By William Elliott, MD, FACP, and James Chan, PharmD, PhD

Dr. Elliott is Assistant Clinical Professor of Medicine, University of California, San Francisco.
Dr. Chan is Associate Clinical Professor, School of Pharmacy, University of California, San Francisco.

Drs. Elliott and Chan report no financial relationships relevant to this field of study.

The FDA has approved a highly selective serotonin 5-HT4 receptor agonist to treat chronic idiopathic constipation (CIC) in adults. Previously approved members of this pharmacologic class, cisapride and tegaserod, were withdrawn from the market because of higher risks of potential adverse cardiovascular events. Prucalopride has been available in Europe for 10 years. It is marketed as Motegrity.


Prucalopride is indicated for the treatment of CIC in adults.1


The recommended dose is 2 mg once daily.1 For patients with severe renal impairment (creatinine clearance < 30 mL/min), the dose is 1 mg once daily. The tablets may be taken without regard to food. Prucalopride is available as 1 mg and 2 mg tablets.


Prucalopride offers a drug from a different class and different mechanism of action for the treatment of CIC.


The long-term efficacy, particularly in the elderly, has not been established. The most frequently reported adverse reactions (compared to placebo) were headache (19% vs. 9%), abdominal pain (16% vs. 11%), nausea (14% vs. 7%), and diarrhea (13% vs. 5%).1

Asian patients reported a higher frequency of diarrhea compared to non-Asian patients but lower frequency of other adverse events.2 There is a warning on the label for increased risk of suicidal ideation and behavior.1


Prucalopride is a selective 5-HT4 agonist that results in the stimulation of colonic peristalsis, increasing bowel motility.1 Its efficacy was evaluated in six double-blind, placebo-controlled, randomized trials that all included subjects with CIC.1,2 Five studies lasted 12 weeks each, while the other lasted 24 weeks.

Eligible subjects had a history of chronic constipation (fewer than three spontaneous bowel movement [SBMs] per week) that resulted in a feeling of complete evacuation (CSBM) and one or more of these symptoms: lumpy or hard stools, sensation of incomplete evacuation, or straining at defecation for more than 25% of bowel movements in the preceding three months. Symptoms had to begin more than six months prior to screening. Most subjects were white women, mean age 47 ± 16 years, with a mean duration of constipation of 16 ± 15 years. Subjects were randomized to prucalopride (2 mg daily if age < 65 years and 1 mg with the option to titrate to 2 mg if age ≥ 65 years). Treatment response was defined as an average of ≥ 3 CSBMs per week over the 12-week treatment period.

Five of the six studies revealed statistical advantage for prucalopride, with responder rates ranging from 19-38% vs. 10-18% for placebo. Absolute percent treatment differences ranged from 10-23%. The authors of the 24-week study did not observe statistical difference at either 12 or 24 weeks.3,4 An integrated analysis of the six studies showed an overall response rate of 27.8% vs. 13.2% for placebo.5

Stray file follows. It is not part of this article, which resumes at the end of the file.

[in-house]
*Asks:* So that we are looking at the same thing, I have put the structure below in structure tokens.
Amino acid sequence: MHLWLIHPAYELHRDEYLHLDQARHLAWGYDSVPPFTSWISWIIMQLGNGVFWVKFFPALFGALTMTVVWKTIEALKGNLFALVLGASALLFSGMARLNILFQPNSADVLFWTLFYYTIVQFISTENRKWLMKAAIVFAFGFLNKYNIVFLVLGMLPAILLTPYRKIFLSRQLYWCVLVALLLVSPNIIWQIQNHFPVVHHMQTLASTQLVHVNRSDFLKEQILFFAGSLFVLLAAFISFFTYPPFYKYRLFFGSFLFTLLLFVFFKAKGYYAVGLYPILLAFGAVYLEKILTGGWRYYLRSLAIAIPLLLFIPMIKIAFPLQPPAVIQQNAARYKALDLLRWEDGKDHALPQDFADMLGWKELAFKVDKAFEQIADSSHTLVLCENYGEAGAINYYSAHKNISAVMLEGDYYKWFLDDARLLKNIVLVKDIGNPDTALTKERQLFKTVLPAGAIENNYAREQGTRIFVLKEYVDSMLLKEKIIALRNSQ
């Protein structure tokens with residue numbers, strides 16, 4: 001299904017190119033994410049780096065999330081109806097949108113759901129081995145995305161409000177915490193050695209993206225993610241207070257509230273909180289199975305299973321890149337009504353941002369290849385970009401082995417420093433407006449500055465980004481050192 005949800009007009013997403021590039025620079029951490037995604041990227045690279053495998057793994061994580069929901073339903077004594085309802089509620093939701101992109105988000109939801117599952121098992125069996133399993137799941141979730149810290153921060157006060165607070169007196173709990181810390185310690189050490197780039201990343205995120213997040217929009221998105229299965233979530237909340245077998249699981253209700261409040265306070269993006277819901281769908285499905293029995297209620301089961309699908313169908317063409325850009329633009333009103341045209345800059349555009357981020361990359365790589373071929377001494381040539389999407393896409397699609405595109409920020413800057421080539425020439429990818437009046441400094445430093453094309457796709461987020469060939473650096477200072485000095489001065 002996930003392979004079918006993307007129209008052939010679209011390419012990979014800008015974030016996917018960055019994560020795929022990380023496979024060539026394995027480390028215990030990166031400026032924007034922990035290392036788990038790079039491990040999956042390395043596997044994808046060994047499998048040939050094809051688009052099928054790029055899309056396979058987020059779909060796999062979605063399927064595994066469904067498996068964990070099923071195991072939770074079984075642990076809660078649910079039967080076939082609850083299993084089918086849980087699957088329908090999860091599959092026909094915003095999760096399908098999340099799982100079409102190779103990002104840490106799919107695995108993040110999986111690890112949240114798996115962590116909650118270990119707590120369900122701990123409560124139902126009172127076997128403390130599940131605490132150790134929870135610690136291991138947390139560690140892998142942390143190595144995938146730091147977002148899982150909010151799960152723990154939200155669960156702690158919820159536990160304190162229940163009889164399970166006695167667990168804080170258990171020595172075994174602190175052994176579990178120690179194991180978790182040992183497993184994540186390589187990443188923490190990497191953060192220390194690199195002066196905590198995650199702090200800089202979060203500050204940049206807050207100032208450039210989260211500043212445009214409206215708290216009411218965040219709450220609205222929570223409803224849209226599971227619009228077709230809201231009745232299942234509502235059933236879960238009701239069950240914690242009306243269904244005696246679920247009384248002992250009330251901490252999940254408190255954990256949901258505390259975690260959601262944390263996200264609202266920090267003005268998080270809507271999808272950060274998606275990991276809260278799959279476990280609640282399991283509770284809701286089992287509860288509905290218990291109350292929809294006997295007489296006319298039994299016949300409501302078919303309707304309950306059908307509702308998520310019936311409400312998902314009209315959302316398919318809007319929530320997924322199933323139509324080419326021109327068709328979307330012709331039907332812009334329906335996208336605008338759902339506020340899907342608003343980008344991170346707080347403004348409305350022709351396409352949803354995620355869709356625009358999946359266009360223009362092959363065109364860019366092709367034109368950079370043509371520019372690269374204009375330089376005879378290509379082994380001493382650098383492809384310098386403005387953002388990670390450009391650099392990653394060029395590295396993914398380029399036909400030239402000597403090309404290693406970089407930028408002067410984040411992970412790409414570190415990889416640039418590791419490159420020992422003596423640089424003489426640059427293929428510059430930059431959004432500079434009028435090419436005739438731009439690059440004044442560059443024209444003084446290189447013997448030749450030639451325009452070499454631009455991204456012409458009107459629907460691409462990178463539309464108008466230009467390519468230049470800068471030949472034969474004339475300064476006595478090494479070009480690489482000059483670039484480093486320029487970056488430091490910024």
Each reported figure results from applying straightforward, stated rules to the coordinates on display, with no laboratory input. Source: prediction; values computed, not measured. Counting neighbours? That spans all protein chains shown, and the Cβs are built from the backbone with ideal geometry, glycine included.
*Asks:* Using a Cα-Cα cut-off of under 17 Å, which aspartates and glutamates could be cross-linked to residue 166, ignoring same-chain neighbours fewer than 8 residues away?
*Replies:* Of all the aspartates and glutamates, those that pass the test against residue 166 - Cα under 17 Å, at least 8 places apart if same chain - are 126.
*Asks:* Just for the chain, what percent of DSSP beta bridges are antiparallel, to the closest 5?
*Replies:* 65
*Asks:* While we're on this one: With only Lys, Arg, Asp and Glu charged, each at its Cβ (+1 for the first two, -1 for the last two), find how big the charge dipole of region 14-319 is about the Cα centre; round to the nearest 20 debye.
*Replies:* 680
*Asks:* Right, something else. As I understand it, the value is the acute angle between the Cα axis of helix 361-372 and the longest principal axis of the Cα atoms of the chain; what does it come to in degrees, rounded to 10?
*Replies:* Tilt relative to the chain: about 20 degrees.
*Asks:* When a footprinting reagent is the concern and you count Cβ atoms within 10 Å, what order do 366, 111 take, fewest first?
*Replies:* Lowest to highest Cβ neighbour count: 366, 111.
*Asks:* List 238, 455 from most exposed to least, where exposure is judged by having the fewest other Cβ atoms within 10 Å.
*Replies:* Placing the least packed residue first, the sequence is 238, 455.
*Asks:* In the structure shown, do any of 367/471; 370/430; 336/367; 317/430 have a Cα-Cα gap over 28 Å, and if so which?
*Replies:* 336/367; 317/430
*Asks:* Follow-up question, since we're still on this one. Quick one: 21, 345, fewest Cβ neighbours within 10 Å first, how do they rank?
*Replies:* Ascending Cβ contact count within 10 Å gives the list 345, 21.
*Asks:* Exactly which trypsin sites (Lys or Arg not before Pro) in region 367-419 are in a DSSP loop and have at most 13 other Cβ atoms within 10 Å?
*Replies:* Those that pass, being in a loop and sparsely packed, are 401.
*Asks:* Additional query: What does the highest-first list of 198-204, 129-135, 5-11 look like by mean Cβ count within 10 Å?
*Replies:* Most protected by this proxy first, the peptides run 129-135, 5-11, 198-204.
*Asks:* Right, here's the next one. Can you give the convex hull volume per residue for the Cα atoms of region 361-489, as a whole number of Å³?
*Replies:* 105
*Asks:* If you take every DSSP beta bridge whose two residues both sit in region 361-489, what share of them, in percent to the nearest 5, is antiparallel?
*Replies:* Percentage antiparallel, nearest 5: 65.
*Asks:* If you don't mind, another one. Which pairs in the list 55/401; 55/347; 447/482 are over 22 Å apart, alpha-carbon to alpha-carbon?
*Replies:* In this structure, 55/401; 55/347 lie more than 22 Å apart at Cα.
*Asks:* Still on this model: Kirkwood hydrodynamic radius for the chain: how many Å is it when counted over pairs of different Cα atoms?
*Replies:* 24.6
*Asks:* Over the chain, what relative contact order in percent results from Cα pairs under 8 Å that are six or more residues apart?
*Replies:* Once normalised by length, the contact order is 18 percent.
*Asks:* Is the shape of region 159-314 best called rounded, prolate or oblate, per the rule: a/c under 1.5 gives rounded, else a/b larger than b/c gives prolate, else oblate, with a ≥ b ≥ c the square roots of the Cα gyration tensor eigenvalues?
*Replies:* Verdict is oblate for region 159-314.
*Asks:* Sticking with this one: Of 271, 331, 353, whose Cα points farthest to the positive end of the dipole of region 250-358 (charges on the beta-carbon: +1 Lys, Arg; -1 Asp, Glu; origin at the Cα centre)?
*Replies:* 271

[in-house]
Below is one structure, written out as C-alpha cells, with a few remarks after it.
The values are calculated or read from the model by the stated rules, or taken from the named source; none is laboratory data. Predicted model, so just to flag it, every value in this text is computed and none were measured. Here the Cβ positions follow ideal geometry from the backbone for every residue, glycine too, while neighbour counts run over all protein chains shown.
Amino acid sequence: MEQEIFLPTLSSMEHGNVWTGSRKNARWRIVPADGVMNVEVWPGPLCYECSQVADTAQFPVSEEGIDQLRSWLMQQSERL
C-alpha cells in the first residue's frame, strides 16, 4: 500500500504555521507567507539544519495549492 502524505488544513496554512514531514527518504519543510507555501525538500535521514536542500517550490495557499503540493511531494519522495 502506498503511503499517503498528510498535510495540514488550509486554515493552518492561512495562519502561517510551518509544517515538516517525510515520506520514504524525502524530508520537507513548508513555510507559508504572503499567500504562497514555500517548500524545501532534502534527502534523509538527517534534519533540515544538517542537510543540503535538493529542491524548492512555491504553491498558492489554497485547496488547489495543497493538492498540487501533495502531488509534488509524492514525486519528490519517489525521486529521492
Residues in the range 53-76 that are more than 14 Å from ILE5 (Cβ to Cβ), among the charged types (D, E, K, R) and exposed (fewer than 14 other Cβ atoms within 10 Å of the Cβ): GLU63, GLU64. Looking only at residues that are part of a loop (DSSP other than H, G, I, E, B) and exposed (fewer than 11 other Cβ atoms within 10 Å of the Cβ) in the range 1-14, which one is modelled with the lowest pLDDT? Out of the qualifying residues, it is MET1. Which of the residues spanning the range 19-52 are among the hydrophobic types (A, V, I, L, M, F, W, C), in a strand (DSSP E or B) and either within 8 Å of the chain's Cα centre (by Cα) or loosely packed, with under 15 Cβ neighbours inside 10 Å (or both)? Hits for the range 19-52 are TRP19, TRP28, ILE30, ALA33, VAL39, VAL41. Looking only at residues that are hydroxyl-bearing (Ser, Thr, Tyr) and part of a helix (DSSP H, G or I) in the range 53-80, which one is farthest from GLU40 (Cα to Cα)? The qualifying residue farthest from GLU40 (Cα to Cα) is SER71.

Because of the risk of cardiovascular events with a previous member of the same pharmacologic class (tegaserod), cardiovascular safety was assessed with nonclinical data and postmarket pharmacoepidemiologic observational data — mainly European data, since the drug was approved in 2009. Prucalopride showed no significant QTc prolongation, no platelet aggregation, and no evidence of increased risk (excluding a prespecified safety margin of three-fold risk) of major adverse cardiovascular events.1,3


CIC is a common disorder that is more common in women, older individuals, and those of lower socioeconomic status.6 Treatment of CIC includes a fiber supplement, osmotic and stimulant laxatives, a 5-HT4 receptor agonist, or a prosecretory agent.6 Currently, prucalopride is the only approved 5-HT4 receptor agonist. Plecanatide and linaclotide are guanylate cyclase-C agonists, and lubiprostone is a chloride channel activator. These agents act by stimulating chloride secretion. Response rates (from placebo) were modest and ranged from 8-17%.7,8 Furthermore, not all available therapies are either effective or tolerated in all patients.3

There are no available comparisons between prucalopride and the other agents. Studies that include laxative-resistant patients would be particularly useful. Only placebo-controlled studies are available; treatment difference between drug and placebo using similar efficacy endpoints appeared to be similar.3 The cost for prucalopride was not available at the time of this review.


  1. Shire US Inc. Motegrity Prescribing Information, December 2018. Available at: Accessed Jan. 9, 2019.
  2. Omer A, Quigley EMM. An update on prucalopride in the treatment of chronic constipation. Therap Adv Gastroenterol 2017;10:877-887.
  3. U.S. Food and Drug Administration. FDA Briefing Document. Gastrointestinal Drug Advisory Committee Meeting. Available at: Accessed Jan. 9, 2019.
  4. Müller-Lissner S, et al. A double-blind, placebo-controlled study of prucalopride in elderly patients with chronic constipation. Neurogastroenterol Motil 2010;22:991-998, e255.
  5. Garnock-Jones KP. Prucalopride: A review in chronic idiopathic constipation. Drugs 2016;76:99-110.
  6. Ford AC, et al. American College of Gastroenterology monograph on the management of irritable bowel syndrome and chronic idiopathic constipation. Am J Gastroenterol 2014;109 (Suppl 1):S2-26; quiz S27.
  7. Allergan Inc. Linzess Prescribing Information, January 2017. Available at: Accessed Jan. 9, 2019.
  8. Synergy Pharmaceuticals Inc. Trulance Prescribing Information, January 2017. Available at: Accessed Jan. 9, 2019.